A second realization that came from yesterday’s sermon on community was that I have expected too little from the members of our congregation. When I was initially coming up with some things that would motivate people to come to groups I noticed that we have gone to great lengths to remove as many barriers as possible to them attending a group. If groups are too far away, we try to add one in their area of the county. We limit their length so that people will attend. We do all we can to make people comfortable and able to attend. Do you think there comes a point in time that it all gets watered down and we miss the point?
When I was reflecting on these things during the week I realized it was all too small. The Gospel is not a call to convenience but to commitment. Our reason to participate in Christ-centered community is not how little we have to invest in it or whether or not it consistently makes us feel comfortable. If that is what people need to hear to get involved, their priorities have become worldly and we need to first address those issues before we can expect change. Jesus called people to crosses, not easy chairs. What if someone has to drive 30 minutes or an hour to get to a group? Is that bad? What if a group runs over or someone needs to give some extra time to someone who is hurting or serving someone? Is that bad? Of course not. But if we aim low in our expectations of others that is where they will end up. If we try to remove any and all inconvenience and barriers we will end up with people who are spiritually anemic.
I am ready to have higher expectations. I am ready to call people to the same things Jesus was calling them to. Some people in Jesus’ day didn’t want to hear it and that will be true today as well but we keep calling.
It is amazing how convenience centered we seem to be at our churches. I think it is a by-product of the influence of the church growth movement. The goal was to get as many people in as possible, so in order to do that we had to remove all obstacles and at times that lead to a cheapened view of discipleship. It also comes from our culture were convenience is emphasized. I hope your message was received well because it is important that we take back that commitment that the cross requires.
Convenience is overrated. AT the end, you end up with a little more time or a little more energy, but you don’t end up with a little more LIFE. How many times have I fallen for that lie.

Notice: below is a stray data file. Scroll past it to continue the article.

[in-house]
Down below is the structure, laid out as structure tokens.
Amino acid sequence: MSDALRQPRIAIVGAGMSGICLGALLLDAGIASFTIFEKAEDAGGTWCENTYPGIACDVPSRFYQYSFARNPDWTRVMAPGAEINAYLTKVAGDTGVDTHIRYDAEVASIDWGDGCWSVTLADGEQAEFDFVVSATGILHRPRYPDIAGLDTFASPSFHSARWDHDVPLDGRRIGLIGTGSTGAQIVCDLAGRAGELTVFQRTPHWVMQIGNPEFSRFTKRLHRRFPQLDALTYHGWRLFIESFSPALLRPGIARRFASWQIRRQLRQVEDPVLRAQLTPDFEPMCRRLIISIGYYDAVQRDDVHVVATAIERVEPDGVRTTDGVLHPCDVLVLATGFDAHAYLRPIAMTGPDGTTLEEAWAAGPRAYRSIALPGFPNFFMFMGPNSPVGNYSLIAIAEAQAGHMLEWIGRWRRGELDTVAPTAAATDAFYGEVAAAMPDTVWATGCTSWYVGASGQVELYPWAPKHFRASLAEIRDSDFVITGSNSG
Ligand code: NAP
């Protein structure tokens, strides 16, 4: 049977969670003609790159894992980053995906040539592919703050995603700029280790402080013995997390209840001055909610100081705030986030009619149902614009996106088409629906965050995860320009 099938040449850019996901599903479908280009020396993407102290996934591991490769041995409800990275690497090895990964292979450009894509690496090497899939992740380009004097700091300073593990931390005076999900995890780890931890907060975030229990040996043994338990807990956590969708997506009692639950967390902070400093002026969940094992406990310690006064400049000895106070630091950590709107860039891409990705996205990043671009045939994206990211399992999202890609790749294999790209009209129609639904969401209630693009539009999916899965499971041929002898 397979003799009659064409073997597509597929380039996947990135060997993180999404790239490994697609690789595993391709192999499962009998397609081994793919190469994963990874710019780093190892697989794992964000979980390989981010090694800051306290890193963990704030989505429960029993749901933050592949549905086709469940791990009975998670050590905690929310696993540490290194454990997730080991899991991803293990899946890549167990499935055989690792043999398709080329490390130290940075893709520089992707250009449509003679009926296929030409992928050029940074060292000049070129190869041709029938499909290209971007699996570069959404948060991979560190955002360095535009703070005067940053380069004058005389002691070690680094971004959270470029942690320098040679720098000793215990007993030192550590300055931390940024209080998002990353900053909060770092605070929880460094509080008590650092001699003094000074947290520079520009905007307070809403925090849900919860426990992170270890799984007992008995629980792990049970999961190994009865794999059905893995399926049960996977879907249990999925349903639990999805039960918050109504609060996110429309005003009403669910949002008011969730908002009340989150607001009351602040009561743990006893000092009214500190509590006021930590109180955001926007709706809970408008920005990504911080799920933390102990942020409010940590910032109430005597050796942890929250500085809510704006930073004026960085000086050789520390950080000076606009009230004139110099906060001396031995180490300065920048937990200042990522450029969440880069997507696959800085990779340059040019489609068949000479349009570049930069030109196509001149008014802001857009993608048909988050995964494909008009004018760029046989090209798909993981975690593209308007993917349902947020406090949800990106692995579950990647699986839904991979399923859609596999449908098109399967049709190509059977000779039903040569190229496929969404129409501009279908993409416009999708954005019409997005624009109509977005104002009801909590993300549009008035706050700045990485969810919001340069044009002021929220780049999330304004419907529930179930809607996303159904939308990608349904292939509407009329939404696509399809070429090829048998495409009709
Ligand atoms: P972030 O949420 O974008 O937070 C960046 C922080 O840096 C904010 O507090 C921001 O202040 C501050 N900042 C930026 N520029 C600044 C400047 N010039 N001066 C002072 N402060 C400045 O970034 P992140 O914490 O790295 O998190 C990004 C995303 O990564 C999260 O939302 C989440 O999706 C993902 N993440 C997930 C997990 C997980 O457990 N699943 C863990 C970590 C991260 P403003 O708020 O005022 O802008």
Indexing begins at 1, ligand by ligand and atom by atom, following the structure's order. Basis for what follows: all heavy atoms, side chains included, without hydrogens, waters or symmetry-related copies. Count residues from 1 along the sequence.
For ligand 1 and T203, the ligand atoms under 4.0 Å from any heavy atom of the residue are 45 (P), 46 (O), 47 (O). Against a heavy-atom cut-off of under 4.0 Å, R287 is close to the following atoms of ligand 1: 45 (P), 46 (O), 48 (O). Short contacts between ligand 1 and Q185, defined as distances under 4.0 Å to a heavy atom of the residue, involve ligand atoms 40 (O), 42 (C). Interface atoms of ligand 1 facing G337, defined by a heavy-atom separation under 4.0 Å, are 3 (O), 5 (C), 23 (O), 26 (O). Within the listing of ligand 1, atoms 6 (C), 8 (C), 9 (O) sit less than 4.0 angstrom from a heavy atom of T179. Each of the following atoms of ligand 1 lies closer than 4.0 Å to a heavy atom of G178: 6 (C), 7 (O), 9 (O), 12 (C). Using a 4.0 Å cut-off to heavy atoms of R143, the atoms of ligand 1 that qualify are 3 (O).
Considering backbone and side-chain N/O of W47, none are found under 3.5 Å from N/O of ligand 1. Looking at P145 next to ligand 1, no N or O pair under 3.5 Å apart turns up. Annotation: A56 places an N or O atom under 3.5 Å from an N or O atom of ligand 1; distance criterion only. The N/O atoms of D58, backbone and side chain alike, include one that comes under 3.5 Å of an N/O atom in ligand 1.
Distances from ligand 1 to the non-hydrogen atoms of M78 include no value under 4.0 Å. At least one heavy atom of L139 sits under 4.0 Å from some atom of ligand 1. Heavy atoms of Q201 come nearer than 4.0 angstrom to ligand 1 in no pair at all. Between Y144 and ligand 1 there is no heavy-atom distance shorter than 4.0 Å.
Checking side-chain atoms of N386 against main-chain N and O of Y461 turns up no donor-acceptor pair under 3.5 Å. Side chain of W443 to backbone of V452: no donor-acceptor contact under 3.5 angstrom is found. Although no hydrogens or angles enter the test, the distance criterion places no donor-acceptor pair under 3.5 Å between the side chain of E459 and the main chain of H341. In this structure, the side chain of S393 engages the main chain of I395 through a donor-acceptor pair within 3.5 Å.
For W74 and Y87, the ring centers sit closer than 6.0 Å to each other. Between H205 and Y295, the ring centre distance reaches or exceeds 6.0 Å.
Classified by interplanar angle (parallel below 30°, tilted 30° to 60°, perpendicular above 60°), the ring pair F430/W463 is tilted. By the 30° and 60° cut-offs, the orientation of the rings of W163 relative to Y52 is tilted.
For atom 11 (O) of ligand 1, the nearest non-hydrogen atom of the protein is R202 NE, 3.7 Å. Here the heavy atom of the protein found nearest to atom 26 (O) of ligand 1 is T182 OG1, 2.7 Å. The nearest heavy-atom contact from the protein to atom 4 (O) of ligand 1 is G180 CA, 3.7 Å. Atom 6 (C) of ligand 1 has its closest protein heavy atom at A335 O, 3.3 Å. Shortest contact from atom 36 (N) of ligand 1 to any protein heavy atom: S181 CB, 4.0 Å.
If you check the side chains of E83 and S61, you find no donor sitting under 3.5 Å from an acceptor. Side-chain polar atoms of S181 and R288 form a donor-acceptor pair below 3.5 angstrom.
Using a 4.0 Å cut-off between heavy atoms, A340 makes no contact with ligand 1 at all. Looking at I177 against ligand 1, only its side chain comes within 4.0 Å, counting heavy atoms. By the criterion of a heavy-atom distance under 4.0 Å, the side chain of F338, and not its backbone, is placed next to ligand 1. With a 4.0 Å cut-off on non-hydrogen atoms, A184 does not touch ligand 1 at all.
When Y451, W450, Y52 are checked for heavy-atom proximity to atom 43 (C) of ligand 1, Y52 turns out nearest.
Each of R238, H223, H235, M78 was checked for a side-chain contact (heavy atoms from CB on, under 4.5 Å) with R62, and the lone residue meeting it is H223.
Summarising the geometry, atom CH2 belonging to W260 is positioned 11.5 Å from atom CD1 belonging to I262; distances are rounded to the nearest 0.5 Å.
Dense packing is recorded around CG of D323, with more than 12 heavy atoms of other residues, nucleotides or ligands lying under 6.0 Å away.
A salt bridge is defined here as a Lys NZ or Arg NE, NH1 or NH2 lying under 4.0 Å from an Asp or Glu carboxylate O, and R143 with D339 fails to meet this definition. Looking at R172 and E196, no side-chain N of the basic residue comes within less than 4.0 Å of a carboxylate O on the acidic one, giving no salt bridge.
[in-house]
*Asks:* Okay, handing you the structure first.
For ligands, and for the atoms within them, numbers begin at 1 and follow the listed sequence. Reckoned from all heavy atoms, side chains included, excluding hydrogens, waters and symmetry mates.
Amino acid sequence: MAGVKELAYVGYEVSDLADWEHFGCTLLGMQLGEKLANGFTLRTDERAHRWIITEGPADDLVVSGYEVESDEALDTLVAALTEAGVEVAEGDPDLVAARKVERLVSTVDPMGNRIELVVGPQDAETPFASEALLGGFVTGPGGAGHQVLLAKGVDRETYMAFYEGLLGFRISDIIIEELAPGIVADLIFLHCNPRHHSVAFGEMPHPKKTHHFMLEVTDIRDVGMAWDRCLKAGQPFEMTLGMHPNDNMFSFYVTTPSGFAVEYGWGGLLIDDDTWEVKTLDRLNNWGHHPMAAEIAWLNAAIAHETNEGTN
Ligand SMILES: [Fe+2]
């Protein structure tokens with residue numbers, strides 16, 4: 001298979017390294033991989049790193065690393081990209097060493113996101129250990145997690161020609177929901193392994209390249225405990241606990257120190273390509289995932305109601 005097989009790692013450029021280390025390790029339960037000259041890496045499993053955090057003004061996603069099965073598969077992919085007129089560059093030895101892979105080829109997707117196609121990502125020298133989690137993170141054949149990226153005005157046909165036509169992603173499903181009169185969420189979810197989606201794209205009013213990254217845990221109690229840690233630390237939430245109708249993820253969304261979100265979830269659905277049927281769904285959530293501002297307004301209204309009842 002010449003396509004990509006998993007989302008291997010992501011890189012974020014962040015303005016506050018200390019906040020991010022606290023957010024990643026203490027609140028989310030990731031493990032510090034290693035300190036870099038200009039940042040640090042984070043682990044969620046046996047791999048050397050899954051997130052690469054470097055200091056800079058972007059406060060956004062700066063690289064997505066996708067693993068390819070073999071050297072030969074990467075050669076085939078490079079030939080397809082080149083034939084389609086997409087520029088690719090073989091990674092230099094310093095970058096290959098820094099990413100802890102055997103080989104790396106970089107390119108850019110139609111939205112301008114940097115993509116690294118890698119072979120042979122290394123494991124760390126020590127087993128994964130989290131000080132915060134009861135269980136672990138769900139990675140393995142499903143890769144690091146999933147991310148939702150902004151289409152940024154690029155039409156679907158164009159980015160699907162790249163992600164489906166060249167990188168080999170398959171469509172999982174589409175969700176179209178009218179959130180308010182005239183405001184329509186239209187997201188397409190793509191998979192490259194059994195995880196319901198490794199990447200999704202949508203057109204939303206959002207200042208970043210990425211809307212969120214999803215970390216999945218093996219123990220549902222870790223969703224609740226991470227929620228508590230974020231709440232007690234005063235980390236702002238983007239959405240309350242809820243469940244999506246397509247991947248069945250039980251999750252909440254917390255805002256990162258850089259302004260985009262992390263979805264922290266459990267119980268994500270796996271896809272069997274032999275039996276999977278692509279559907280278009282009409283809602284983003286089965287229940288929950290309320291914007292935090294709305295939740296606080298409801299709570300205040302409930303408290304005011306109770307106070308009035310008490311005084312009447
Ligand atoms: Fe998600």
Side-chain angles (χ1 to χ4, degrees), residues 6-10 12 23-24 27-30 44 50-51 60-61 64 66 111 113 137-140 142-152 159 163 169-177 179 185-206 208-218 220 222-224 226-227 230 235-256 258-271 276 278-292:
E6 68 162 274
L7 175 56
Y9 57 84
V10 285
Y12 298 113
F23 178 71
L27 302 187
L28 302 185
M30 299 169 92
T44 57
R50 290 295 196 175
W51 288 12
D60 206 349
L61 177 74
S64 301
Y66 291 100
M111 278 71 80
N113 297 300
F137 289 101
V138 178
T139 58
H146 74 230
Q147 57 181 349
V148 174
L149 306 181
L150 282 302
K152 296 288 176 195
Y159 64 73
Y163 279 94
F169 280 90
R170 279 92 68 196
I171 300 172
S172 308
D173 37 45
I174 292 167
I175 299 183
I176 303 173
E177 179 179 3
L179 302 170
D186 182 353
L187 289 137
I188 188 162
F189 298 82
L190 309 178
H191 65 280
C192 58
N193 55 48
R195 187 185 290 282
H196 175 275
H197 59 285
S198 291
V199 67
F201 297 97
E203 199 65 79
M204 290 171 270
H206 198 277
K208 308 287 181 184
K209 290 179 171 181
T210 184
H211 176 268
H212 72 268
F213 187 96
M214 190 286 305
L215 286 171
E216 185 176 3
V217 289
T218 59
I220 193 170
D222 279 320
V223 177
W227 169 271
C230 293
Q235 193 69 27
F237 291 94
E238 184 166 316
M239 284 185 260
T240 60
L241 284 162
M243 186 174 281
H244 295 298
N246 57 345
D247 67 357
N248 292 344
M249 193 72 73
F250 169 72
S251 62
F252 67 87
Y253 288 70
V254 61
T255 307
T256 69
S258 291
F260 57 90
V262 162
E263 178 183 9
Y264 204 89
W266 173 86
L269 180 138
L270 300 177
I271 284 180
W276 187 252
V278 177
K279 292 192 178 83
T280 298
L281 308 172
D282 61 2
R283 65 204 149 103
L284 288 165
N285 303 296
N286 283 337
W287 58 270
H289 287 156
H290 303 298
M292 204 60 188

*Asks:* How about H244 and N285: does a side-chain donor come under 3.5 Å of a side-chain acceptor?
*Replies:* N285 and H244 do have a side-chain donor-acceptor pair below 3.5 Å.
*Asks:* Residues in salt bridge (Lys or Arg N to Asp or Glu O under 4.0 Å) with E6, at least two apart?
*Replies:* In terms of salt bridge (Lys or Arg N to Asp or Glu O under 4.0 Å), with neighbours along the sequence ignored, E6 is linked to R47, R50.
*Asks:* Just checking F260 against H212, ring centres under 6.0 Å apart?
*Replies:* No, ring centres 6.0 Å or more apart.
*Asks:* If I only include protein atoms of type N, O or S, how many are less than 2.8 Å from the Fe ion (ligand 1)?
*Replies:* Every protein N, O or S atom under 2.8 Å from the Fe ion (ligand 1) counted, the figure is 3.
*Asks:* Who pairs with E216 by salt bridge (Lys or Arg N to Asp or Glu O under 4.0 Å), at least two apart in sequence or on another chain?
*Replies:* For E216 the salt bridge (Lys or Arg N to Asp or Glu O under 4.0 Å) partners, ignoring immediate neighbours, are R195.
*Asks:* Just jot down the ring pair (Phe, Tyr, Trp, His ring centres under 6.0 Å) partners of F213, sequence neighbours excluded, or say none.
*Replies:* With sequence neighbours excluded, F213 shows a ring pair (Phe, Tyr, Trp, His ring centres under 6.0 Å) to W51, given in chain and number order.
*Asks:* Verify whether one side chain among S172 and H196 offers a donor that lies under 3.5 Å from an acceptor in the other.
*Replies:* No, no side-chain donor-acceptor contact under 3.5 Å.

What sort of monster have we created with our consumeristic churches?
I find myself battling these self-centered demands all the time. Holy Spirit come and set me free! I desire life, not more time or money or stuff.
I was listening to Matt Chandler speak last week and he talked about playing with his young children and washing the dinner dishes when he didn’t want to. He chose the better way, because he wanted LIFE not just an easier path. The pursuit of Jesus through faith and service brings LIFE (sooner and eventually later.)
It’s sad to think of the Christians who gladly risked their lives to be together and now we can’t get folks to drive to another county.
The early church met each other’s needs when they arose. IOW, they removed certain obstacles. I don’t think we need to be hard on ourselves just so we’ll feel like we’re leaning a little more towards the cross, and away from the easy chair.
Focus on the work. If people want to be a part of it, you won’t be able to stop them. If they don’t, there will always be a hindrance. You don’t need to go out of your way to make the work or the experience more austere just to prove who is a real disciple and who isn’t.
Remember, it was the Pharisees who tied heavy loads on the backs of the believers, and who didn’t lift a finger to help. The implication there is that lightening the burden of our fellow Christian would be a good thing.
I totally get what you are saying here and agree with it. However, I think this is one of those pendulum issues. That is why in scripture the guys who watered everything down were told to get more serious and the guys who put heavy burdens on people were told to lighten up. It depended on which extreme they were taking. My approach here is in response to a what I sense is a push for extremely convenient Christianity we are seeing more and more of today. I am not calling for legalism. I am saying maybe we shouldn’t be so big on motivating people by telling them we have made everything super dooper easy. Hope that distinction makes sense here.
I am so glad you wrote this. Did Jesus make Christianity easy for people? NO! He said they had to repent, obey his commands, and set even higher standards for the rules they already (like just looking at a woman inappropriately versus actually committing adultery). I think the church would be much better of with a smaller group of highly dedicated, driven and serving people than with a large group of people who are more concerned with the sweet and salty treats than serving their Lord.